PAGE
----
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This is a prize winner.

I have Apache on my PC and on my remote server.

I have a page that has been a real nuisance to get looking right in both IE (IE7) and FireFox (FF3.0). At the moment it is close enough in the two browsers to live with.

Here's the crazy part. When I look at the page as served by my localhost server and as served by my production remote host server it looks just a little different. The differences all look like matters of margins and/or placement and/or image size.

It doesn't matter whether it is IE or FF. I get 2 close but not identical renderings on IE and the same on FF.

I've done all the basic commonsense trouble shooting I can think of. I've repeated the FTP transfer several times and checked all the file permissions. I've even downloaded the CSS files into the browsers directly just to make sure they still look the same.

By any principles I can think of, what I am seeing SHOULD be impossible. I can't think of anything that would account for this completely bizarre effect.

i'd be very much obliged if you have any thoughts on the subject.

Thanks for reading.

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Are you 110% sure all the browser's page zoom settings are reset to defaults? –  Pekka 웃 Dec 29 '10 at 9:59
Tatu Ulmanen - how do you accept an answer? I'm looking around the page and don't see anything promising. Maybe it's in the site instructions somewhere. ... –  confused Dec 29 '10 at 10:20

2 Answers 2

It could be that you actually do not see the version you uploaded to the server but a cached one. (servers cache, your local cache, isp's cache...) You can try to save the page and the css you get from both, the server and your local machine, and then compare it. I would use a diff tool like tkdiff. Then you know if there are differences in the markup.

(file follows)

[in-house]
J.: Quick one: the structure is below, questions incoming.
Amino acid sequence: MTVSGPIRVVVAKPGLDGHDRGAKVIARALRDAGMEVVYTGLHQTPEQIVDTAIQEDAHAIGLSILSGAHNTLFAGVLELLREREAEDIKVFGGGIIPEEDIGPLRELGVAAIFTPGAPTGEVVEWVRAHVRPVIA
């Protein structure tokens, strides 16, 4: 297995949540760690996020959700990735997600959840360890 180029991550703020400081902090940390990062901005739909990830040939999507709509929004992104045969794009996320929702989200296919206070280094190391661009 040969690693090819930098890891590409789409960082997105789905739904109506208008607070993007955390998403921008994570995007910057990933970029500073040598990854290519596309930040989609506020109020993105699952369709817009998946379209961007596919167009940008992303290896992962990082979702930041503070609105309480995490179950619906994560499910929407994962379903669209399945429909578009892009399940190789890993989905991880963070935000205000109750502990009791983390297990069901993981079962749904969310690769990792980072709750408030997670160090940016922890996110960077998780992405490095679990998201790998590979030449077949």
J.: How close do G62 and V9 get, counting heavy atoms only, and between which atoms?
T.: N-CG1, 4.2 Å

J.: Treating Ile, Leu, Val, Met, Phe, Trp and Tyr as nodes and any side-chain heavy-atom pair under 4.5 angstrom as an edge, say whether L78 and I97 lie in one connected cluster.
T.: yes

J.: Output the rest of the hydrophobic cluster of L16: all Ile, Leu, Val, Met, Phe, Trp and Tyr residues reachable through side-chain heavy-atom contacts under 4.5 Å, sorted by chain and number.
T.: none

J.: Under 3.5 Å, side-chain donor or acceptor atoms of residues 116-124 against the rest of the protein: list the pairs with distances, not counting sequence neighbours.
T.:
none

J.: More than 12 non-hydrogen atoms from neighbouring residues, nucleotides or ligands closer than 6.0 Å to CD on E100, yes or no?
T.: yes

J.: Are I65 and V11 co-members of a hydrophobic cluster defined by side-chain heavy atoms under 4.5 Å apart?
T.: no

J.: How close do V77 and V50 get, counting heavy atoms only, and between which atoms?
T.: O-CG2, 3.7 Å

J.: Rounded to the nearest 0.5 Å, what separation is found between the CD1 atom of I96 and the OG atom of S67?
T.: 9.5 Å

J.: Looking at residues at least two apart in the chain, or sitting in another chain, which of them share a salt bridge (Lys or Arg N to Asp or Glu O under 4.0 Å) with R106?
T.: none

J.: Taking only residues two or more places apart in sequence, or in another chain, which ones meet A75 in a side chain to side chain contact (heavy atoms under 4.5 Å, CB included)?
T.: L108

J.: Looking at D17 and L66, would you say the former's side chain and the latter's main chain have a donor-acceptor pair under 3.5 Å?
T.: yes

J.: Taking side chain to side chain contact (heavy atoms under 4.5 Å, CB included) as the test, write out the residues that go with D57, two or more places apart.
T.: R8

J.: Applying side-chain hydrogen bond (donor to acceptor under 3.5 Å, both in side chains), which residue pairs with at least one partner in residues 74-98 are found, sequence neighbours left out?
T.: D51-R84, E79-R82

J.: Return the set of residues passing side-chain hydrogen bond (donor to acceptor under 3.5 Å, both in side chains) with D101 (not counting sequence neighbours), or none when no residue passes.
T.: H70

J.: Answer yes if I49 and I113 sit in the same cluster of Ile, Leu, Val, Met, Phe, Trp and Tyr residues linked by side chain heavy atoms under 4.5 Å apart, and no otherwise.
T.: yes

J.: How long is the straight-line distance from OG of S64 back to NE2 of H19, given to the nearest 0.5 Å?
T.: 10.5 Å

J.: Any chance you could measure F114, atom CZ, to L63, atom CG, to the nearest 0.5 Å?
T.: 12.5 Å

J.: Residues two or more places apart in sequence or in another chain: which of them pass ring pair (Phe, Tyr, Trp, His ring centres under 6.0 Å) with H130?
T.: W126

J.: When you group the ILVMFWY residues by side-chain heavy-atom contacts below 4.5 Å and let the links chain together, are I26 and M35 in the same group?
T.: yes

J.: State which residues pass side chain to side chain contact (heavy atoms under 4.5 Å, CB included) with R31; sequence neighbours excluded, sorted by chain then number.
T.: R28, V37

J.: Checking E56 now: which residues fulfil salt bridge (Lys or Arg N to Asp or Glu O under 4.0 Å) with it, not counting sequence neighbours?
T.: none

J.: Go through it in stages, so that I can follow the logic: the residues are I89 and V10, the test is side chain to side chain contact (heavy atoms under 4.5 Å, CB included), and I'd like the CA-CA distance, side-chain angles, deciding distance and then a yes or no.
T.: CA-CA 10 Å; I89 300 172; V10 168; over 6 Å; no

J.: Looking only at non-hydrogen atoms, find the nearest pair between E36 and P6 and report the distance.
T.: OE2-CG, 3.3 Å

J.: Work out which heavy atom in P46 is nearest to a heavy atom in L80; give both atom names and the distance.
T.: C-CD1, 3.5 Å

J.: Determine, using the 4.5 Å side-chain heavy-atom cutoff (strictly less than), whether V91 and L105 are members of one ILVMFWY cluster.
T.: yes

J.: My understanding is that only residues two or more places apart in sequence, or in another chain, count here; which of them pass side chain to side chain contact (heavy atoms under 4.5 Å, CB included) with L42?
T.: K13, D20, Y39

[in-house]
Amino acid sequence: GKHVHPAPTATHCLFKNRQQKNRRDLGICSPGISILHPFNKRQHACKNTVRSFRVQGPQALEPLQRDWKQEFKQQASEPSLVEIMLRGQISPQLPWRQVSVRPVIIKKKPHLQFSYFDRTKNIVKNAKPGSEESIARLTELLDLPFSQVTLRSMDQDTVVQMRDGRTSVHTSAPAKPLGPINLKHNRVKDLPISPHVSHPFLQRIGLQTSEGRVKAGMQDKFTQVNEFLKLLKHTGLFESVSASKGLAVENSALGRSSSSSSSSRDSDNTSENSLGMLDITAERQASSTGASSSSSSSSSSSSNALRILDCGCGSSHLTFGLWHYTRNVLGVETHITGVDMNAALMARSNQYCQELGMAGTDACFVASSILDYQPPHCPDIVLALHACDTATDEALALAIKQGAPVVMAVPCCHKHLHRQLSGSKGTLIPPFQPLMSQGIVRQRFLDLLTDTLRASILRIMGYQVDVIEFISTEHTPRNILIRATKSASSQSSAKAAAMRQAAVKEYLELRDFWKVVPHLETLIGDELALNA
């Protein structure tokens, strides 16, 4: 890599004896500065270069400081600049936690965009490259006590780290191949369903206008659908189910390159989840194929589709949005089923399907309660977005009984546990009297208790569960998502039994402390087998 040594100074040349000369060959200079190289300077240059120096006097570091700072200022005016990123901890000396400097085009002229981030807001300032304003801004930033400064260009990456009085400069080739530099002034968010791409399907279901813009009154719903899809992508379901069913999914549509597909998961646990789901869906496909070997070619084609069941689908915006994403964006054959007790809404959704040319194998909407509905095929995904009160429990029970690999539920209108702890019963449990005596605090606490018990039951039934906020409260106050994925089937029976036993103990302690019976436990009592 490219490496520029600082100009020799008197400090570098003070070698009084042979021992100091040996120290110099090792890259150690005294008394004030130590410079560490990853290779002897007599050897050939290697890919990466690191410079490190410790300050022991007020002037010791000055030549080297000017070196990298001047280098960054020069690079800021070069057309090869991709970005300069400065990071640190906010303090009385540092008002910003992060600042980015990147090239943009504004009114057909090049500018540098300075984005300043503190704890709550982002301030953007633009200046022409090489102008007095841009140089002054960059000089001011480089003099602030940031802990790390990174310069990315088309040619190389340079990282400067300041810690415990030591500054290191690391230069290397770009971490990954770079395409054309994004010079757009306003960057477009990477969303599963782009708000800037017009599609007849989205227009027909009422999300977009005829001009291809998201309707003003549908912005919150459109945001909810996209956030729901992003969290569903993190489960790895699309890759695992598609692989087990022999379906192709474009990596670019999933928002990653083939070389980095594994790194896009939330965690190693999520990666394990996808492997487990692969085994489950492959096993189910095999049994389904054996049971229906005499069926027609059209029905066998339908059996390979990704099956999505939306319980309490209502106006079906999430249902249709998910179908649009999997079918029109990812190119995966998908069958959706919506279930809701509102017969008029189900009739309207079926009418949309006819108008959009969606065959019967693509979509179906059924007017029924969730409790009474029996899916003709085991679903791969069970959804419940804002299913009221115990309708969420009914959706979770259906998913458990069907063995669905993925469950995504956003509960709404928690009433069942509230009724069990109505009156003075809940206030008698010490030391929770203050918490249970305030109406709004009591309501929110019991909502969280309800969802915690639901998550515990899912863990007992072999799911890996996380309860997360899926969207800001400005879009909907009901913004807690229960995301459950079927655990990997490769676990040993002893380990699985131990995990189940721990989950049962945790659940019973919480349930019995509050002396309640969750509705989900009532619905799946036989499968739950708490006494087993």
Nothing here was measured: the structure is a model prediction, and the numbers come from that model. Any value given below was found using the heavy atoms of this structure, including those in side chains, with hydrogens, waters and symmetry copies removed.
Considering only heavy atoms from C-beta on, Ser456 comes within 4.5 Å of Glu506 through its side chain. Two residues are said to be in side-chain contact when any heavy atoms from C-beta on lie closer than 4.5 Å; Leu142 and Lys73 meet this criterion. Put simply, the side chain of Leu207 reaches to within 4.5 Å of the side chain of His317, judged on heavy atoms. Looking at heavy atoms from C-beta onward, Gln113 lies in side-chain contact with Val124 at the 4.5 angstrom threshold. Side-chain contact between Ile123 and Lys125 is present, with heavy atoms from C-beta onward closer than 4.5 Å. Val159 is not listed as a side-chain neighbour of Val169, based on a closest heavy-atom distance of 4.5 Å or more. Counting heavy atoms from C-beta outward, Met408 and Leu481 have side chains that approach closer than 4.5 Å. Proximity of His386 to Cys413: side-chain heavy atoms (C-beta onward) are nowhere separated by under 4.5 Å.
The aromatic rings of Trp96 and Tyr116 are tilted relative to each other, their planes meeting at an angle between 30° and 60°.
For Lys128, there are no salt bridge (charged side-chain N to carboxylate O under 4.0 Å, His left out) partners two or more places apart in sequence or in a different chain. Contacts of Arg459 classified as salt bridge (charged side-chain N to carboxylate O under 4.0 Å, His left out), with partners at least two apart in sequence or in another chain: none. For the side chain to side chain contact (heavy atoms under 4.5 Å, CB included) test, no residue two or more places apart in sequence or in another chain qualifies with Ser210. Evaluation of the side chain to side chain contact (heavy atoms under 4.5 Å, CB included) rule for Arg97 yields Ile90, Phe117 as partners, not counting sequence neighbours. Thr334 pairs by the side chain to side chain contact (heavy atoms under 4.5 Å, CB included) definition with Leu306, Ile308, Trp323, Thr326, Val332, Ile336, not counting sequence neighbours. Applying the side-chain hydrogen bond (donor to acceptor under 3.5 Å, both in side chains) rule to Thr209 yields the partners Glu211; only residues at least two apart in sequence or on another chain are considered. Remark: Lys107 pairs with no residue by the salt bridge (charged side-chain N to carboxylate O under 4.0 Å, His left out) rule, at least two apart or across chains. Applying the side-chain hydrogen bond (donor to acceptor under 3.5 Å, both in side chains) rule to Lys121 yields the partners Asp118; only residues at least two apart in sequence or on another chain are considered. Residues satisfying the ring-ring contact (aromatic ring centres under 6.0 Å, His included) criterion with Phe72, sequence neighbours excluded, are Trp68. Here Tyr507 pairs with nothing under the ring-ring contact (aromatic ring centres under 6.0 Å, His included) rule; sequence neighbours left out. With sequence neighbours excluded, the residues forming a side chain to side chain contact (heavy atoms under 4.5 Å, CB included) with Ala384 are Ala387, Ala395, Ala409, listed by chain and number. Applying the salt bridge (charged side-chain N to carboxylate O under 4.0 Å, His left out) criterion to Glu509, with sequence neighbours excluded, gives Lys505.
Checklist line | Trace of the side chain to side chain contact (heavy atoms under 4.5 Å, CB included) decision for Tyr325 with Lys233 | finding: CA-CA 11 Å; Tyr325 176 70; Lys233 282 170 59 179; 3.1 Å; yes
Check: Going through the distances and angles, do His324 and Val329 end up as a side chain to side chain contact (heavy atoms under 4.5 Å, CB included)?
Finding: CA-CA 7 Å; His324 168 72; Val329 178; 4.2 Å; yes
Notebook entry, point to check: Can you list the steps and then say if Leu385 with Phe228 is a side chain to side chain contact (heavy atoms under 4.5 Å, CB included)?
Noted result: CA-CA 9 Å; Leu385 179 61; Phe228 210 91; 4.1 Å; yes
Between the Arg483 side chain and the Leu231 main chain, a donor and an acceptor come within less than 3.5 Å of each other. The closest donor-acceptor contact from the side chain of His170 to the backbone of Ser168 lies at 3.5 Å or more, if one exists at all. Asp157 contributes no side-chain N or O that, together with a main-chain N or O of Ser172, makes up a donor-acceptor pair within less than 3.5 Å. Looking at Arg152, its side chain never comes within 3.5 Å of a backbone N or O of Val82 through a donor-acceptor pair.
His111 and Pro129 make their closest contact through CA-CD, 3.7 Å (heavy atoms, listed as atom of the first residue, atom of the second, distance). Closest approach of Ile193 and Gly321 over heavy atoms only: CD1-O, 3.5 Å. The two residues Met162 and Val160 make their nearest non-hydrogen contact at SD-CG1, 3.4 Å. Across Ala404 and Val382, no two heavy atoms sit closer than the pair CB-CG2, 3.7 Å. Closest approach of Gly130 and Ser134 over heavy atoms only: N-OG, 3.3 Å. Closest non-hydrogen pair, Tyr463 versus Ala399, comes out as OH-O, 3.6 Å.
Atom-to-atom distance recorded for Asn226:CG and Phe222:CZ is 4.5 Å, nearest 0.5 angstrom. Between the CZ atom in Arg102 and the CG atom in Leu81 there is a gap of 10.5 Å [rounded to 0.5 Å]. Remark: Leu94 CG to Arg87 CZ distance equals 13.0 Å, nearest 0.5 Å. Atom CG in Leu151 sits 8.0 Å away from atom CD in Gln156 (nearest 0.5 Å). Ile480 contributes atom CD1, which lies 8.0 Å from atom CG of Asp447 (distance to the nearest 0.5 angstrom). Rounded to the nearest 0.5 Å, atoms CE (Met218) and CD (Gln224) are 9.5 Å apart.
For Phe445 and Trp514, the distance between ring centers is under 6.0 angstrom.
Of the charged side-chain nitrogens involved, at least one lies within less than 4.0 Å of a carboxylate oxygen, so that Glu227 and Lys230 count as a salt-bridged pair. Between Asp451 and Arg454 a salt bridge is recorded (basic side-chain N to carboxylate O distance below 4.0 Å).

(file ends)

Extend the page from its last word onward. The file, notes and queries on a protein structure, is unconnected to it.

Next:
When you've downloaded both versions to a local directory you can also check the differences in the browser again. Is it still there?

You can also instruct apache to send the page with the headers "no cache". Then all caching is disabled. The keyword to look for is "cache-control" here. There are many ways to send this information in the headers. (But note: you should not disable caching on a live system as it will slow down the whole thing...)

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Simon. Thanks for the cache-control tip. As it happens, Pekka (above) nailed it on the first guess. But I will make a point of using the cache-control the next time I am trouble shooting such stuff. –  confused Dec 29 '10 at 10:16

Tatu Ulmanen & Pekka -- My enthusiastic thanks.

You were right.

a) The content types were, as one would expect identical -- but I hadn't thought of checking it, so thanks for that.

b) Pekka gets the cigar. The browser zoom setting had been altered from window to window in the rush of work, and this made a noticable difference in the layouts -- as one would expect.

Frankly I doubt I would have thought to check that. Ironic no?

May luck smile upon you both.

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Ah! That simple! ;-) FF add-ons like addons.mozilla.org/de/firefox/addon/14382 could help here to avoid situations like that. –  Simon Dec 29 '10 at 10:20

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